The Chicago Cubs take another hit.
Theo Epstein walks.
Jon Lester is gone.
Kyle Schwarber sent on his way.
And well, one of the only good things left, play-by-play man Len Kasper, will be making the move to the South Side.
Cubs fans have been having it rough of late.
The popular Cubs announcer has decided to join the radio booth for the Chicago White Sox games on ESPN 1000, throwing a complete monkey wrench into how Cubs fans listen to games. Kasper will replace Ed Farmer, who died earlier this year.
Many Cubs fans rightfully feel the franchise is in dumpster-fire mode. And before their 2016 World Series Championship, most baseball fans felt that way anyway.
Marquee Sports Network, a part of Sinclair broadcasting network, was started by the Cubs franchise this year. They have exclusive broadcasting rights to all Cubs games stripping fans of the ability to watch games for free. Sinclair is so reviled as a right-wing propaganda network that fans booed Tom Ricketts when he mentioned them.
Games are no longer on WGN, nor Comcast, NBC Sports Chicago, so this is also piling on to fans’ frustrations with the team.
They are somewhat of a venerated franchise, the lovable losers, and any expectations of winning for a long time were nonexistent.
As some Cubs fans say, they were “cursed”
So looking at this from that perspective, they are returning to the team of old, right?
Kasper, 49, spent 16 years in the booth as the TV voice of the Cubs. He called some of the biggest plays in Cubs history, including that World Series win. He has shared the booth with Jim Deshaies for the past eight seasons.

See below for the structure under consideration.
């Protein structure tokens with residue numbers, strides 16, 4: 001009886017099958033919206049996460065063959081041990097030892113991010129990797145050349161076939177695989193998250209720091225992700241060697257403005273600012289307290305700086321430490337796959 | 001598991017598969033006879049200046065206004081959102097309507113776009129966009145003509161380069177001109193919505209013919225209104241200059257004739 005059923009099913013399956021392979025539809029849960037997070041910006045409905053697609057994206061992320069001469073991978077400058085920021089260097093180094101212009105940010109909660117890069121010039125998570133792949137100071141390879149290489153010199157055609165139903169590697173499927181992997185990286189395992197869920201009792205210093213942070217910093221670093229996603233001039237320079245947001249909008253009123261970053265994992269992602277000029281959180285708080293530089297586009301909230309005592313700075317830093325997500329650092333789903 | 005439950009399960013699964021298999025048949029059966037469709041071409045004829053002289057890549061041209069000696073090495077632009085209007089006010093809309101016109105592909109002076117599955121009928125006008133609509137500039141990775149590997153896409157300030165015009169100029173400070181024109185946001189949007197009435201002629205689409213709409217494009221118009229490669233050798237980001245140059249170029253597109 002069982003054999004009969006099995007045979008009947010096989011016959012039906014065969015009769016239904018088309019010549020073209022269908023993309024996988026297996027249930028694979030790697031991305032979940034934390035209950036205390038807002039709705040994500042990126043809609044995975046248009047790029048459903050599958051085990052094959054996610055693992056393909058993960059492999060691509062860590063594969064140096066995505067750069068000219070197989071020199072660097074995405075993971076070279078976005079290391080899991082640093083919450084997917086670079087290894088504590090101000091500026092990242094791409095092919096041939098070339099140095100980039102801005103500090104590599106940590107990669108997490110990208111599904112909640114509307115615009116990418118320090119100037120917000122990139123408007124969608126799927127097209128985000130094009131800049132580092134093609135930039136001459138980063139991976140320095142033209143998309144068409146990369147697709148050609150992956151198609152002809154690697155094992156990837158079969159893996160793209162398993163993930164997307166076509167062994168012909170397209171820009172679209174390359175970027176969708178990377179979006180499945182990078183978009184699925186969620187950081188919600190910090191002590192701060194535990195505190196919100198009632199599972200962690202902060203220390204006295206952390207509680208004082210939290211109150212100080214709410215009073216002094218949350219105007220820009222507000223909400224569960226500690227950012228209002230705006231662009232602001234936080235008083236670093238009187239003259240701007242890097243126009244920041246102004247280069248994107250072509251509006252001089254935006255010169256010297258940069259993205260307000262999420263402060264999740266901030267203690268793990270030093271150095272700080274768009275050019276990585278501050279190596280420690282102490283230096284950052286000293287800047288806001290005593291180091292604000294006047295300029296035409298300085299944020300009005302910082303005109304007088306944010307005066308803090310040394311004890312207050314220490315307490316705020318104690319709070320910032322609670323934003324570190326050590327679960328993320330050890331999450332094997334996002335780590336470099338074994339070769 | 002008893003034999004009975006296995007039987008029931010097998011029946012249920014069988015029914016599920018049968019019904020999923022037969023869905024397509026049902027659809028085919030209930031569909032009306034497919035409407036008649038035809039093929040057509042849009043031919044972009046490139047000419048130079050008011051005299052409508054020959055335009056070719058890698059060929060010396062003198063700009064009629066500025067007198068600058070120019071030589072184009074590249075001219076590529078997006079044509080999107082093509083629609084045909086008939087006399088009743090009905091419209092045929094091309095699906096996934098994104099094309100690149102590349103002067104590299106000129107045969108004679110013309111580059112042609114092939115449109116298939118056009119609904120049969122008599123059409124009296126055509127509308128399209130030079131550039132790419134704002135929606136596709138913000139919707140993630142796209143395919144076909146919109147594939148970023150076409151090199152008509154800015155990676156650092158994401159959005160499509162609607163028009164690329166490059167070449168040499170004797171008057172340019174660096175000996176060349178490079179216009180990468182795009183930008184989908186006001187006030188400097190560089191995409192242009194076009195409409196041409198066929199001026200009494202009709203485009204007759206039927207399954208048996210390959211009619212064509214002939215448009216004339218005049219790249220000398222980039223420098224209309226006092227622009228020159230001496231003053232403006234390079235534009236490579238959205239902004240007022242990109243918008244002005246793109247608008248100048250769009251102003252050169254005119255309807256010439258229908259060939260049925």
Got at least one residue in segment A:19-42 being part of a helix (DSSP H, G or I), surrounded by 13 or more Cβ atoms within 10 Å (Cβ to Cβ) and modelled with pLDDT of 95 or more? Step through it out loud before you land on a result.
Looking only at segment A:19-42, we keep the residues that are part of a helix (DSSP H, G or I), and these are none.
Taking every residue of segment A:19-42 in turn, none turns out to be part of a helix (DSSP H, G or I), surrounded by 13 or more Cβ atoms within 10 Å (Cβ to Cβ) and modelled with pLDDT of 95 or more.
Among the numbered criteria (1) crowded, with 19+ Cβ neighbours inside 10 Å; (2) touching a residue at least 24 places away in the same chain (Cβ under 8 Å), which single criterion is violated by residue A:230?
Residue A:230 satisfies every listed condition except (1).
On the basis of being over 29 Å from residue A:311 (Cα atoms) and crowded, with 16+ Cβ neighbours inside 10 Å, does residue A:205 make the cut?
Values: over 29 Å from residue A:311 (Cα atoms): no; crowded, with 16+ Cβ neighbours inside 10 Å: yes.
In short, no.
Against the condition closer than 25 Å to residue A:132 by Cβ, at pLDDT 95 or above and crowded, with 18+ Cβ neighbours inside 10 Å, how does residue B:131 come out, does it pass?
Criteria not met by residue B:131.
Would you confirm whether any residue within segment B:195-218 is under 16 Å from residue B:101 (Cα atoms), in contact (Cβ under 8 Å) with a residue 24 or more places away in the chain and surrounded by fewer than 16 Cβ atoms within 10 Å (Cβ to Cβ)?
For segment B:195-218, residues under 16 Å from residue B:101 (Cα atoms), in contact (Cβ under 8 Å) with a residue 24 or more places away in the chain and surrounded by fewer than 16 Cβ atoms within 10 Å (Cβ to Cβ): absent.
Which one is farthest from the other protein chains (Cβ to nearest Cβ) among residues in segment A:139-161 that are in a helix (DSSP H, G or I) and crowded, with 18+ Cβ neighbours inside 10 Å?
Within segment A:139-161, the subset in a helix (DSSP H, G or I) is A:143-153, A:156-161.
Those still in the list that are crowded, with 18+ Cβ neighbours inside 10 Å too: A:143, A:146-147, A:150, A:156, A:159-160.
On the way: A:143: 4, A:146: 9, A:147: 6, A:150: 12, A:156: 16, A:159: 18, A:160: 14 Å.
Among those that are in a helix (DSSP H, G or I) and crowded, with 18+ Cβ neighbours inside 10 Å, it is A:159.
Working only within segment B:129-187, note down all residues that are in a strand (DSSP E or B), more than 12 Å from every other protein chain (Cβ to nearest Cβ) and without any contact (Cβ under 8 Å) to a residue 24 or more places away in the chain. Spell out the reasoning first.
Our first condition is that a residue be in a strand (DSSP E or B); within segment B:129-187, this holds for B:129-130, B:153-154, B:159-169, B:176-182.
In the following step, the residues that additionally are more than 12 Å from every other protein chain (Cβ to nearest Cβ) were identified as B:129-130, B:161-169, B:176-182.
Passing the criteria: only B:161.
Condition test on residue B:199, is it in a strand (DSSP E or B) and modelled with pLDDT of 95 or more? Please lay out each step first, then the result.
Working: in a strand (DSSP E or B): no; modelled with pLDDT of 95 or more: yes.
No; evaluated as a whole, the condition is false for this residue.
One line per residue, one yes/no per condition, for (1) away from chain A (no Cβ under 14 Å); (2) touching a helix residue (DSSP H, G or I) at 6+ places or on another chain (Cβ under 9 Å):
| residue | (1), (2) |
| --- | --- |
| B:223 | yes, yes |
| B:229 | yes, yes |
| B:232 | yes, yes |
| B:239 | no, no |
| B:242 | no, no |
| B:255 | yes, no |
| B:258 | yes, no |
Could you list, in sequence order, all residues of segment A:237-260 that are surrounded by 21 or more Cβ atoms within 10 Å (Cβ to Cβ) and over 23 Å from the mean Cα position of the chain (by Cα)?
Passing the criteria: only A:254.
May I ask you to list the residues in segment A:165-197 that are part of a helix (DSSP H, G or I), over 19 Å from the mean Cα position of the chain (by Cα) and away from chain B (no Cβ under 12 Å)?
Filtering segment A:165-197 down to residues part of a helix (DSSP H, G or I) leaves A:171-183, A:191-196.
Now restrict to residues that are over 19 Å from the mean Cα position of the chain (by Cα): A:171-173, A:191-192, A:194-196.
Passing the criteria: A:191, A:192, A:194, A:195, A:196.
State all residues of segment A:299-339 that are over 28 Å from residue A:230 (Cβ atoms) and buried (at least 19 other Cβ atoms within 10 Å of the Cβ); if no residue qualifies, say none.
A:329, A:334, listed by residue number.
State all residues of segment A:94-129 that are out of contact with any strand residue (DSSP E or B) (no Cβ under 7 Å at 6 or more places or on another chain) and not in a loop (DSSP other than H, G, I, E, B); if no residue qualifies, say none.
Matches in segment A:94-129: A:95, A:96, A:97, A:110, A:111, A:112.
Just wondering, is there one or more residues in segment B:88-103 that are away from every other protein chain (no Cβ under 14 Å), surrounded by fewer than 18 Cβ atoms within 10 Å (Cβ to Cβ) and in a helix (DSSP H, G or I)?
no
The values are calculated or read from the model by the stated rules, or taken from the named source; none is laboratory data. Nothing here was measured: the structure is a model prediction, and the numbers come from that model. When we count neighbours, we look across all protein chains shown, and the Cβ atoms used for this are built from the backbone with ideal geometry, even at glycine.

Kasper began his broadcasting career on radio in Milwaukee, hosting a daily sports show. He later went on to do TV on-camera work for the Brewers before becoming a TV announcer for the Miami Marlins.
He was the National Sports Media Association’s Illinois Sportscaster of the Year in 2016.
Chris Myers is rumored to be taking Kasper’s Cubs broadcasting spot with the newly launched Marquee Network.
Uhhh, you guys couldn’t pick anyone else besides another old white guy?
But I digress. Knowing a little bit about how these broadcast jobs work, the timing of Kasper’s departure could be an insult to injury fluke.
Yes, the Cubs have had a rough year. The franchise is sliding backward, but if Kasper wanted a new gig with some promise, this White Sox announcer gig is certainly his shot.
As the Cubs struggle, the White Sox are getting their act together. Sure they have a corpse for a new manager in Tony LaRussa, but they have a solid core of young players who make for exciting baseball.
So yes, it’s difficult to hear that he is leaving, but this might be a career move for Kasper, and that has nothing to do with the Cubs organization — dumpster fire that they may be.